I remembered that the Town of Amherst has an online map and directory of West Cemetery, so I looked it up on my phone and soon enough we were standing before a large, white marble stone which bore the name of William S,. Clark.
Somewhere in Hokkaido, Japan, there is a photograph of three well-dressed Japanese professors, standing with me and Martha next to William Clark’s grave.
This seems so much like Martha, I just had to share.
Last September we spent a week on Prudence Island, Rhode Island. It’s a very special place for me. My grandfather discovered it in the ninteen teens when he was a boy scout, and he built a cottage there which our extended family shared for many years.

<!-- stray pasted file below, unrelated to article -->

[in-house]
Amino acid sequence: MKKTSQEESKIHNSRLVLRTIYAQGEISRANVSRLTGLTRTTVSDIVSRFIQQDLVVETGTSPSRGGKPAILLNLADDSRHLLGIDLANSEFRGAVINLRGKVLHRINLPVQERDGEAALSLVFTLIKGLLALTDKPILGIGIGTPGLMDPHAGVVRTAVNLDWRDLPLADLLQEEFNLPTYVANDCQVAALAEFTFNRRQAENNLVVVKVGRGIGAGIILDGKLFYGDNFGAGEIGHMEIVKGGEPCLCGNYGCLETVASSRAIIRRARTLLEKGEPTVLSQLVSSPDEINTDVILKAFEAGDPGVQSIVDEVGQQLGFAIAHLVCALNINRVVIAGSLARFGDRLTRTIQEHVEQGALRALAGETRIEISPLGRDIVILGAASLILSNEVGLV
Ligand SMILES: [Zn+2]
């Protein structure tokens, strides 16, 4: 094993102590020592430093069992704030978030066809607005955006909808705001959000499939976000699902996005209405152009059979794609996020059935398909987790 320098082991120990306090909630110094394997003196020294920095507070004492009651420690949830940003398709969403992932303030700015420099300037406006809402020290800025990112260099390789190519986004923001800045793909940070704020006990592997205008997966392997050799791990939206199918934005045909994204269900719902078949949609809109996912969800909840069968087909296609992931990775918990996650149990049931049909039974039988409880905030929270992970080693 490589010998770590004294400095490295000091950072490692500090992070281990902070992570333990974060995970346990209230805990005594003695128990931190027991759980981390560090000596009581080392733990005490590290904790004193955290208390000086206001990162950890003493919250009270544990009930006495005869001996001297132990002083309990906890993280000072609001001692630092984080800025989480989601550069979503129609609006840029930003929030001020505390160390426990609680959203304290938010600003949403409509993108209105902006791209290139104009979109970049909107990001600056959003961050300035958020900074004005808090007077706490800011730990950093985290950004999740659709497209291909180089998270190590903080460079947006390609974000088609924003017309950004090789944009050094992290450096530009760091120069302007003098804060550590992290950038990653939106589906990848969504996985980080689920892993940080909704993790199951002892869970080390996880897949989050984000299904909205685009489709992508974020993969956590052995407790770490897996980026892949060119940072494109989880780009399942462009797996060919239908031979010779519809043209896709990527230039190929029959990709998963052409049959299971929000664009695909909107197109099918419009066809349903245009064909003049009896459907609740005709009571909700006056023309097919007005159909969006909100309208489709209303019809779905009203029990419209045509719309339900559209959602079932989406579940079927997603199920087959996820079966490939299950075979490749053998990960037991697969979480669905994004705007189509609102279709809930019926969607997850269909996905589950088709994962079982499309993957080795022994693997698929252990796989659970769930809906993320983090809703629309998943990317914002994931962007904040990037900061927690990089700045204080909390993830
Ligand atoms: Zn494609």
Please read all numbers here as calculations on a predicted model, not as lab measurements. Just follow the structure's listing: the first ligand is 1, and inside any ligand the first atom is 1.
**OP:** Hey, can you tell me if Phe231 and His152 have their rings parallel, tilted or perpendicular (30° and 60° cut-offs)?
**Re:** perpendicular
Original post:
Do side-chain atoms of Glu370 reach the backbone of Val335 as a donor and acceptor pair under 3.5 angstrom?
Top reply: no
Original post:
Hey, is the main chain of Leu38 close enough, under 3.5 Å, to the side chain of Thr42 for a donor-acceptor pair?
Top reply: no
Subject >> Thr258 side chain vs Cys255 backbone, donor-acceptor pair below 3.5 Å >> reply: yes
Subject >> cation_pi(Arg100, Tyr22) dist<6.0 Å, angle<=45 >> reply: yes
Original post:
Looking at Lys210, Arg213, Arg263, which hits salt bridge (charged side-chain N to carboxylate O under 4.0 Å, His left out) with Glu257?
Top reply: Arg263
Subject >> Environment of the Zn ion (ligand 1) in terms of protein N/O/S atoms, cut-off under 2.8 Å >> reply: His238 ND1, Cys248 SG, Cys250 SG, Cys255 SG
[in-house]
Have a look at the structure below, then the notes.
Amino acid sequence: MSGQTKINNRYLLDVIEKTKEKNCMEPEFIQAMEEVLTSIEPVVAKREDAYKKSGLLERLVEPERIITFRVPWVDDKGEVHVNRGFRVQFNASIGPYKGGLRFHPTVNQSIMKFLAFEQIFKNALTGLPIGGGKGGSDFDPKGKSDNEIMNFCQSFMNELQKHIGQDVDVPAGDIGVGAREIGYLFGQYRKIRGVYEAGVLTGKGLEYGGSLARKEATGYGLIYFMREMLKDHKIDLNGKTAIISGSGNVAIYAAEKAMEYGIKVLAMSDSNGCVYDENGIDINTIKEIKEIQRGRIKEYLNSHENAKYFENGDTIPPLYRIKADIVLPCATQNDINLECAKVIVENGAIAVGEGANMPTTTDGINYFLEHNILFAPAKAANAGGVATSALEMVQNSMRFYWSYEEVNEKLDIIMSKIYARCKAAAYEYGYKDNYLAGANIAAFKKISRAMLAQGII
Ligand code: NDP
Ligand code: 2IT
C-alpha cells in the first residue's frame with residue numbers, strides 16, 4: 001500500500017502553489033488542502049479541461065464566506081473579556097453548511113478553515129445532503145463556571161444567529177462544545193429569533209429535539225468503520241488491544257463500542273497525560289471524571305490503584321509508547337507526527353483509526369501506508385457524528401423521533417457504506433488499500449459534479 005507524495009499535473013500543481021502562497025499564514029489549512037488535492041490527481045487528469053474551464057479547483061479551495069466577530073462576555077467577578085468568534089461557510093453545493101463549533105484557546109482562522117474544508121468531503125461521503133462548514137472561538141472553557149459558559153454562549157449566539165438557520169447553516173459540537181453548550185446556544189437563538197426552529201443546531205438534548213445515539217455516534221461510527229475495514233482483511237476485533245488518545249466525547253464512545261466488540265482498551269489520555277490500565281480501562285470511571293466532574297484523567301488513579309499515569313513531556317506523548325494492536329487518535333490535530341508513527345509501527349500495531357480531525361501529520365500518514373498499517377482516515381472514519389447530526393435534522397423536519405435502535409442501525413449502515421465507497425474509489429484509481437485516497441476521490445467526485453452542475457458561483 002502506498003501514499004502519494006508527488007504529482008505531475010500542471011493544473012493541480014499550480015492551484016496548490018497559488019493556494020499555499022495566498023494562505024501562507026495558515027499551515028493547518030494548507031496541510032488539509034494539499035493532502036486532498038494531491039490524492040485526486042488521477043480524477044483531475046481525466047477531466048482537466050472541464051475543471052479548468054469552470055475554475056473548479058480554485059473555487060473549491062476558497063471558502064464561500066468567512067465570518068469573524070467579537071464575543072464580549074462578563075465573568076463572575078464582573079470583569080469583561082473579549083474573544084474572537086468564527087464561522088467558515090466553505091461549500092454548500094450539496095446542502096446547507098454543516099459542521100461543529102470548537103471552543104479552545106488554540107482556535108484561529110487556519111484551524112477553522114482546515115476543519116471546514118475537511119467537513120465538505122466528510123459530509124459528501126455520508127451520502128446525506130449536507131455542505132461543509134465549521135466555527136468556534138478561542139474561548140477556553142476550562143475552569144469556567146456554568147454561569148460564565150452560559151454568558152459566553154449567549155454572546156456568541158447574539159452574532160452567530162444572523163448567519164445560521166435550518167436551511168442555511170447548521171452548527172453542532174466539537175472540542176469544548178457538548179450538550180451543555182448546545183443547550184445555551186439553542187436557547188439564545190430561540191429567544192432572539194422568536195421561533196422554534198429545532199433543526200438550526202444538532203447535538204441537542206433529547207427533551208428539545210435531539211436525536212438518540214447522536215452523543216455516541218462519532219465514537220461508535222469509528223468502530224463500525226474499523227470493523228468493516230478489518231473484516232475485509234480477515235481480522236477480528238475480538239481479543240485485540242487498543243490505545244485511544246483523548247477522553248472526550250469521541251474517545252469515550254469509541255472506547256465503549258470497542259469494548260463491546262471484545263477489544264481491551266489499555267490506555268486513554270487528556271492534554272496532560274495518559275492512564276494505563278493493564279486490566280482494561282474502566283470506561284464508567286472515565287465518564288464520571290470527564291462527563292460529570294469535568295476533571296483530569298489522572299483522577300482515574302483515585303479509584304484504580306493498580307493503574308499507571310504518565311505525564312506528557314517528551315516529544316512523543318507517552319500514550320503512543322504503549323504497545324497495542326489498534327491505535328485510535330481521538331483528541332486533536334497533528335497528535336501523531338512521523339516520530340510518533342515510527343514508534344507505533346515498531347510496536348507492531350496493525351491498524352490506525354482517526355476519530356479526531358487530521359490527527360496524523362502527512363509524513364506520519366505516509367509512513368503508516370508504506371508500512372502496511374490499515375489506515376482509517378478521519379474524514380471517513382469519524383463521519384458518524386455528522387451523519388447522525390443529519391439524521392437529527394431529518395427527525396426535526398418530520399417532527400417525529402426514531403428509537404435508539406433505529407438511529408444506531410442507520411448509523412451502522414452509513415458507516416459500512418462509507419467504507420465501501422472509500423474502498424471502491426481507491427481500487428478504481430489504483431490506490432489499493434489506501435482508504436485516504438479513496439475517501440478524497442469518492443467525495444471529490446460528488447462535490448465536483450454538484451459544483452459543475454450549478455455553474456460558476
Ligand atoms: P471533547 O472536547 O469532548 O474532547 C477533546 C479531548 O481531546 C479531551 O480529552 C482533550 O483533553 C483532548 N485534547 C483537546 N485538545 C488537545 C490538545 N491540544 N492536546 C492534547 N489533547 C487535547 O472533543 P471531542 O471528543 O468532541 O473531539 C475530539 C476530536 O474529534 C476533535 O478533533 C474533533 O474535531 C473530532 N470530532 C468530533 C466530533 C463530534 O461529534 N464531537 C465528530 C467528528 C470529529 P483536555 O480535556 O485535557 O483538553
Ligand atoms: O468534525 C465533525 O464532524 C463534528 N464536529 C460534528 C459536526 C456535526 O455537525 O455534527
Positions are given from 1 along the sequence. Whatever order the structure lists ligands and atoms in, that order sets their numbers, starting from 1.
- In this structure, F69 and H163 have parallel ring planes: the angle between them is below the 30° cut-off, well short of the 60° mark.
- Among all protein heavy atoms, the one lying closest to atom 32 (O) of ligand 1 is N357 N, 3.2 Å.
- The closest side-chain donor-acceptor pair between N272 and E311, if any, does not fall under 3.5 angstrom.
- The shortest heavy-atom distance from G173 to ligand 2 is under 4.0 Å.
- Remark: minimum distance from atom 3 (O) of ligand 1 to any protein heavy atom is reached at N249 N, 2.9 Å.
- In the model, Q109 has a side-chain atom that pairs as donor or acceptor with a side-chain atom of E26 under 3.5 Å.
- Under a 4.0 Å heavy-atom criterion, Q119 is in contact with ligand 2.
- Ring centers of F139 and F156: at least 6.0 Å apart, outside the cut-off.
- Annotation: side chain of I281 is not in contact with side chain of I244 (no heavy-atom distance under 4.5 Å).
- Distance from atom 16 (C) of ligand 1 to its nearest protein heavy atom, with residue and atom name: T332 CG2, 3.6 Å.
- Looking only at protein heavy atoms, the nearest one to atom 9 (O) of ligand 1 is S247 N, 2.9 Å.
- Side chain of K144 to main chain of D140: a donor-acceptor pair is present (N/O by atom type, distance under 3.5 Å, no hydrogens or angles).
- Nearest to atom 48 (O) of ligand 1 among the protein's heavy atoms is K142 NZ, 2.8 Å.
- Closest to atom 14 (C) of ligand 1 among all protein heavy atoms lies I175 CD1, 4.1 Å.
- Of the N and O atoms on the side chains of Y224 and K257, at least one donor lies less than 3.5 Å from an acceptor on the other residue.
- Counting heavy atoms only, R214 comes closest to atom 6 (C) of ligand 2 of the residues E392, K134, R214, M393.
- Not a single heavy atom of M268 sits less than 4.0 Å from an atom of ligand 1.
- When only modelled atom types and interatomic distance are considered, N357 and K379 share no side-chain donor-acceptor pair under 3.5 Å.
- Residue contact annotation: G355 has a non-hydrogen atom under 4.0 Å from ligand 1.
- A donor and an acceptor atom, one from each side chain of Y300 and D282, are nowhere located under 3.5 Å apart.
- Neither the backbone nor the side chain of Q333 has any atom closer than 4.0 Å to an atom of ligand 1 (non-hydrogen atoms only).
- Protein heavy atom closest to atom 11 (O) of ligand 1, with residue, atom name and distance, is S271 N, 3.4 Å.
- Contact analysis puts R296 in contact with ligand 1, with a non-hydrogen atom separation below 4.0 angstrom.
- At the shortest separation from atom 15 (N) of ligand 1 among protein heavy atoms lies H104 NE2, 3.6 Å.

After Grampa and Gramma died, my mom and her sisters inherited the cottage, but it was in need of some major repair and renovation. My oldest cousin had always spent a lot of time on the Island, and had invested a lot of time and effort over the years to maintain the cottage, so eventually the sisters and my mom sold their shares in the cottage to him. He’s done a great deal of work on the place, and spends nearly every weekend there. He’s really earned the right to the place, and I’m glad he enjoys it.
Last summer was the first time I’d been to Prudence for nearly fifteen years. It has changed a lot, mostly for the better. There are now many miles of trails to walk, and parts of the Island which were inaccessible when I was a child are now open to the public. We walked all over the Island, averaging more than 5 miles a day, with no repeats for a week. It was glorious and the weather was perfect. Martha was a very happy dog indeed.
This summer has been less active, and as the leaves start to turn I feel pulled back to Prudence. I can’t spend a week this year, but I hope to make a couple of day trips. I don’t intend to wait another fifteen years.